In the first installment of our monthly piece that focuses on the history of small towns in North Carolina, we take a look at the rich heritage of the first incorporated town in the Old North State.
From colonization to Indian wars, rebellion and even swashbuckling pirates, there’s plenty of history behind the little town of Bath. Nestled along the mouth of the Pamlico River in Beaufort County, Bath holds the distinction of being the first formally organized town in North Carolina.
Before the peak of American colonization in the early 18th century, North Carolina lacked a permanent population of settlers. That all changed in 1690 when Heugenots fleeing political and religious turmoil in France began to settle along the Pamlico area.
Regarded as the town father of Bath, John Lawson led the efforts to establish a permanent town in the North Carolina colony. Lawson was a known explorer and naturalist who often wrote about the beauty and wonder of the coastal Carolina region. After laying out the town plan, Lawson successfully earned a royal charter for Bath on March 8, 1705. The lifeblood of the town was the Pamlico River, which served as the primary means of transportation and trade for the residents.
Bath originally consisted of 12 residences and a tiny population of about 50 people. The small town served as the de facto capital of the Carolina colony from 1705 to 1722. Even so, Carolina lacked any formal government system until New Bern became the official capital in 1743.
Bath’s greatest claim to fame is being the home of Edward Teach, better known as Blackbeard the pirate. Blackbeard, having received a royal pardon from North Carolina governor Charles Eden after promising to hang up his pirate’s hat, settled into Eden in June of 1718. Blackbeard’s retirement, however, didn’t last as he returned to piracy just two months after his pardon.
Though many historians have commented on Bath’s quaint beauty and small-town charm, the town’s history has also been marked by hardships and tragedy. 1711 was a particularly tumultuous year for the area, as the town was hit with an outbreak of yellow fever, a severe drought, Cary’s Rebellion, and the onset of the Tuscarora War, the latter of which claimed the life of town father John Lawson.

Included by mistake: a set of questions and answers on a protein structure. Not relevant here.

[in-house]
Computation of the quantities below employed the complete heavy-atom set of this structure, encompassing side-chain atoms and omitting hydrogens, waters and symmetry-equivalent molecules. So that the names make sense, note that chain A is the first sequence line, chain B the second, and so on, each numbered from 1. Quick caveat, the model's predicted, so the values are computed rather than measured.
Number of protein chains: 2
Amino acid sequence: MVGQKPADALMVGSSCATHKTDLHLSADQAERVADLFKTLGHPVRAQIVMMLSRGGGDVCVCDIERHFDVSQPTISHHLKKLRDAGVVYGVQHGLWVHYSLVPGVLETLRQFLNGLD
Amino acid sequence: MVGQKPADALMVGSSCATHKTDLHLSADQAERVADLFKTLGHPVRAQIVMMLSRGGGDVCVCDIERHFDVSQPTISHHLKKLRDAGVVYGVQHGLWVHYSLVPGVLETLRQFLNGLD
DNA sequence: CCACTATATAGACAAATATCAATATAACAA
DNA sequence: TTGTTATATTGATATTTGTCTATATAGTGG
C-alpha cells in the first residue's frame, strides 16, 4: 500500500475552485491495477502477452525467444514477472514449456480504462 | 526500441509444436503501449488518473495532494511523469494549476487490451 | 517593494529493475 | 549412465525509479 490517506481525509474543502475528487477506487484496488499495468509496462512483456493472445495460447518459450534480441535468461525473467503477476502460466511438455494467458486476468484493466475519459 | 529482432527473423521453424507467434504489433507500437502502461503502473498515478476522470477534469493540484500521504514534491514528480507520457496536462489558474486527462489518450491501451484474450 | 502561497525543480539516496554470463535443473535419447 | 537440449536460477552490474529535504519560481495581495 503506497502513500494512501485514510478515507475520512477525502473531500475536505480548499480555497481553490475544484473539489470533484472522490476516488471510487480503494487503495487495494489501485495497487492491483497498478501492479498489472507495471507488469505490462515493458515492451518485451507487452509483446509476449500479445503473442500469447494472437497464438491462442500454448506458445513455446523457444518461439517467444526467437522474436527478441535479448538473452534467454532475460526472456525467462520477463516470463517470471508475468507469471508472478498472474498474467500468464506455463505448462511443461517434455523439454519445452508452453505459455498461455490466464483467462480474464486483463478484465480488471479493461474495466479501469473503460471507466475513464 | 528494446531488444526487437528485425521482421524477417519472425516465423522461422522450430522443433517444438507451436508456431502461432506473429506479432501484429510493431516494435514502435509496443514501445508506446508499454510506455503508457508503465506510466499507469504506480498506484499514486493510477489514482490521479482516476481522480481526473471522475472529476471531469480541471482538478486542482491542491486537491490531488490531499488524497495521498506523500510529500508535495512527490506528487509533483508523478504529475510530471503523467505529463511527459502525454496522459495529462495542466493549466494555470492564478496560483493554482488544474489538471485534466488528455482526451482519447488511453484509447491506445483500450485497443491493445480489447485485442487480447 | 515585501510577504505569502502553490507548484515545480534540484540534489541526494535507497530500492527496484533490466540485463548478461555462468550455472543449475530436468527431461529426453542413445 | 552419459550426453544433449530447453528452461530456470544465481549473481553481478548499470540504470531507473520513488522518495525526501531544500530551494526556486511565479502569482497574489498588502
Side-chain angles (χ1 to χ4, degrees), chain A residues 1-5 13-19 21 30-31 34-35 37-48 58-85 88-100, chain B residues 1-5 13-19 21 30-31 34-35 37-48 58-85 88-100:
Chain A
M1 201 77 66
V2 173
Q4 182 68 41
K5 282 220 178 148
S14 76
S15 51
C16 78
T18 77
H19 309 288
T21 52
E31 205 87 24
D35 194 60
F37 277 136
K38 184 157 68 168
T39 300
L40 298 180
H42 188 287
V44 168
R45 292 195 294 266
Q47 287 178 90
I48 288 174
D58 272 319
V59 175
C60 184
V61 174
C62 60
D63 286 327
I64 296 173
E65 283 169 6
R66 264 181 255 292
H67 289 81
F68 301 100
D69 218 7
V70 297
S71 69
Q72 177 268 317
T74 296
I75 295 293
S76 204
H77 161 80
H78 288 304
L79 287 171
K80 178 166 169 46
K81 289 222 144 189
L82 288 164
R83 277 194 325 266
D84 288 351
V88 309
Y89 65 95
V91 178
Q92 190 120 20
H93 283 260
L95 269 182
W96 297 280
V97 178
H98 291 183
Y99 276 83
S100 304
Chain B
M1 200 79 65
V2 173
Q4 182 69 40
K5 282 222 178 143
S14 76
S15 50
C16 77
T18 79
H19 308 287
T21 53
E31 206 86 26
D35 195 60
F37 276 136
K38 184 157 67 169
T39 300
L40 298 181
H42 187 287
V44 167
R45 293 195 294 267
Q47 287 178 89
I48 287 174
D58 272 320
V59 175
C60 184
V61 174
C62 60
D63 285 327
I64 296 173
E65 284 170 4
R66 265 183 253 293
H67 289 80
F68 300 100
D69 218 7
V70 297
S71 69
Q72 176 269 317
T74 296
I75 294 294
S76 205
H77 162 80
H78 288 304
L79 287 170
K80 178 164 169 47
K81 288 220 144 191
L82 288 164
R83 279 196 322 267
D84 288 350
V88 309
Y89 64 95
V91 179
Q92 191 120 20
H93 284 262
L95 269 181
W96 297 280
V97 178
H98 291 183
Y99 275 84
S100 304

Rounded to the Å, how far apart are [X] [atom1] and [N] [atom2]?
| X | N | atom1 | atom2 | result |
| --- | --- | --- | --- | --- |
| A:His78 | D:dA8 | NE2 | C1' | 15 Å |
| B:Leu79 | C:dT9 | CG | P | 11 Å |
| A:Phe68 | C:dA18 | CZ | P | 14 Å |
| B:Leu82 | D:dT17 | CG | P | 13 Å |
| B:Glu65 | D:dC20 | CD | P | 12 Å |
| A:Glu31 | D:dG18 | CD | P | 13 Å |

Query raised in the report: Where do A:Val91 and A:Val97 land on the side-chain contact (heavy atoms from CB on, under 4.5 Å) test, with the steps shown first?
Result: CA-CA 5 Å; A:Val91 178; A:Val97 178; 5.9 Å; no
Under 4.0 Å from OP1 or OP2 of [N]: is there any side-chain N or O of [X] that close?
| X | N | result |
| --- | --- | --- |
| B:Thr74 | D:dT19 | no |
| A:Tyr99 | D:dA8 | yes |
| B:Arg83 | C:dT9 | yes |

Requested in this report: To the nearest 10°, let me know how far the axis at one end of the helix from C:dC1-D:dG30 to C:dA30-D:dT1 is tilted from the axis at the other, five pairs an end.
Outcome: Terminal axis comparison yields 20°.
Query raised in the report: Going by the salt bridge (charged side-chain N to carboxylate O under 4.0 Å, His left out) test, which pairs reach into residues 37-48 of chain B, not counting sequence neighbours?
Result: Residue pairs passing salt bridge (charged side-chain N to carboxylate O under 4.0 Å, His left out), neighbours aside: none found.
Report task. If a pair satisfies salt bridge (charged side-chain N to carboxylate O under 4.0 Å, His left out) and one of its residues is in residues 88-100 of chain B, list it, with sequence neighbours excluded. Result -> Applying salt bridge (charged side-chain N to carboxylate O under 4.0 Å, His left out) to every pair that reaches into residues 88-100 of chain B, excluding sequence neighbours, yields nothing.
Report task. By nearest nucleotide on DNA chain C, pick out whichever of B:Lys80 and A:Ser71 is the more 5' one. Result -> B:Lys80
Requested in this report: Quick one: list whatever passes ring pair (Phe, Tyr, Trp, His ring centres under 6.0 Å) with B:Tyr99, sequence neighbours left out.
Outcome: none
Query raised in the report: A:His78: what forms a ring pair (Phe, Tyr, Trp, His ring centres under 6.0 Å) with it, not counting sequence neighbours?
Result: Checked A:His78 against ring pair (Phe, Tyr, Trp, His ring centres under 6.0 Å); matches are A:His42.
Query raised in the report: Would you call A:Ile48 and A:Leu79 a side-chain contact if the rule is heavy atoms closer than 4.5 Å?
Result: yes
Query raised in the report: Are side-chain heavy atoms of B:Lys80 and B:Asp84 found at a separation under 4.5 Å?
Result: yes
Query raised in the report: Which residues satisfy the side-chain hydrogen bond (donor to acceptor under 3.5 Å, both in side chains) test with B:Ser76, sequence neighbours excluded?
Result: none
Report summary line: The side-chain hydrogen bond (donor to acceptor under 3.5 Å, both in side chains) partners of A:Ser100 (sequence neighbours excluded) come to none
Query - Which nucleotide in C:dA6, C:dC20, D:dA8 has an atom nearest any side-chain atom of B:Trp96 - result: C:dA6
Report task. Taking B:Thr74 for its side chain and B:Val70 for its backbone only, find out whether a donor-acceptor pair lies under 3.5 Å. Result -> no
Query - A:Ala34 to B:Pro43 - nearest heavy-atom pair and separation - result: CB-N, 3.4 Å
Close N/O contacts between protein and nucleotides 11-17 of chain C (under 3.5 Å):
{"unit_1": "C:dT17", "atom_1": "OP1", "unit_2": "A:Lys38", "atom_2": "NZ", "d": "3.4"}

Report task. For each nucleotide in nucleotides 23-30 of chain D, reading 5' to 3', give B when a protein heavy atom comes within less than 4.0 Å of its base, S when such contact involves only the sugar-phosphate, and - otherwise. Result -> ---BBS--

During the Great Awakening, Bath was the site of an unusual encounter between the Methodist evangelist George Whitefield and the town’s residents. Between 1747 and 1762, Whitefield attempted to evangelize Bath on four occasions. During his last trip to the town, Anglican leaders refused to allow him to preach. In response, Whitefield apparently shook off the dust from his shoes just outside the town limits, pronouncing a curse upon Bath and her residents that they would forever remain a small village, forgotten and left behind by the everchanging world. For some, it would appear that the curse was real.
Today, Bath remarkably remains relatively unchanged. The town-proper still sits on its original site. Bath is a favorite of historians as it is one of the few remaining early-colonial towns that has survived modern development. Bath’s surviving history includes St. Thomas Episcopal Church, the oldest standing church building in North Carolina. The Bath State Historic Site offers tours of the 1744 Palmer-Marsh House, one of the oldest residences in North Carolina and the oldest surviving home in Bath. The Bonner House, built in 1830, is believed to contain the chimney of a home built by John Lawson.
Bath has retained its charm for over 300 years, making it a wonderful destination for history lovers and proud North Carolinians. Its sleepy demeanor often hides its rich and fascinating story. The town is one of the many treasures of North Carolina that harken back to a time of exploration, hardship, and political uncertainty. There is still much that this little village can teach the residents of the Tar Heel State.
For more information on Bath and its history, check out the link below. Also, please feel free to subscribe to this blog to receive updates on new posts!
Historic Bath: https://historicsites.nc.gov/all-sites/historic-bath
William Denton is a historian & author. You can read more at www.williamdenton.com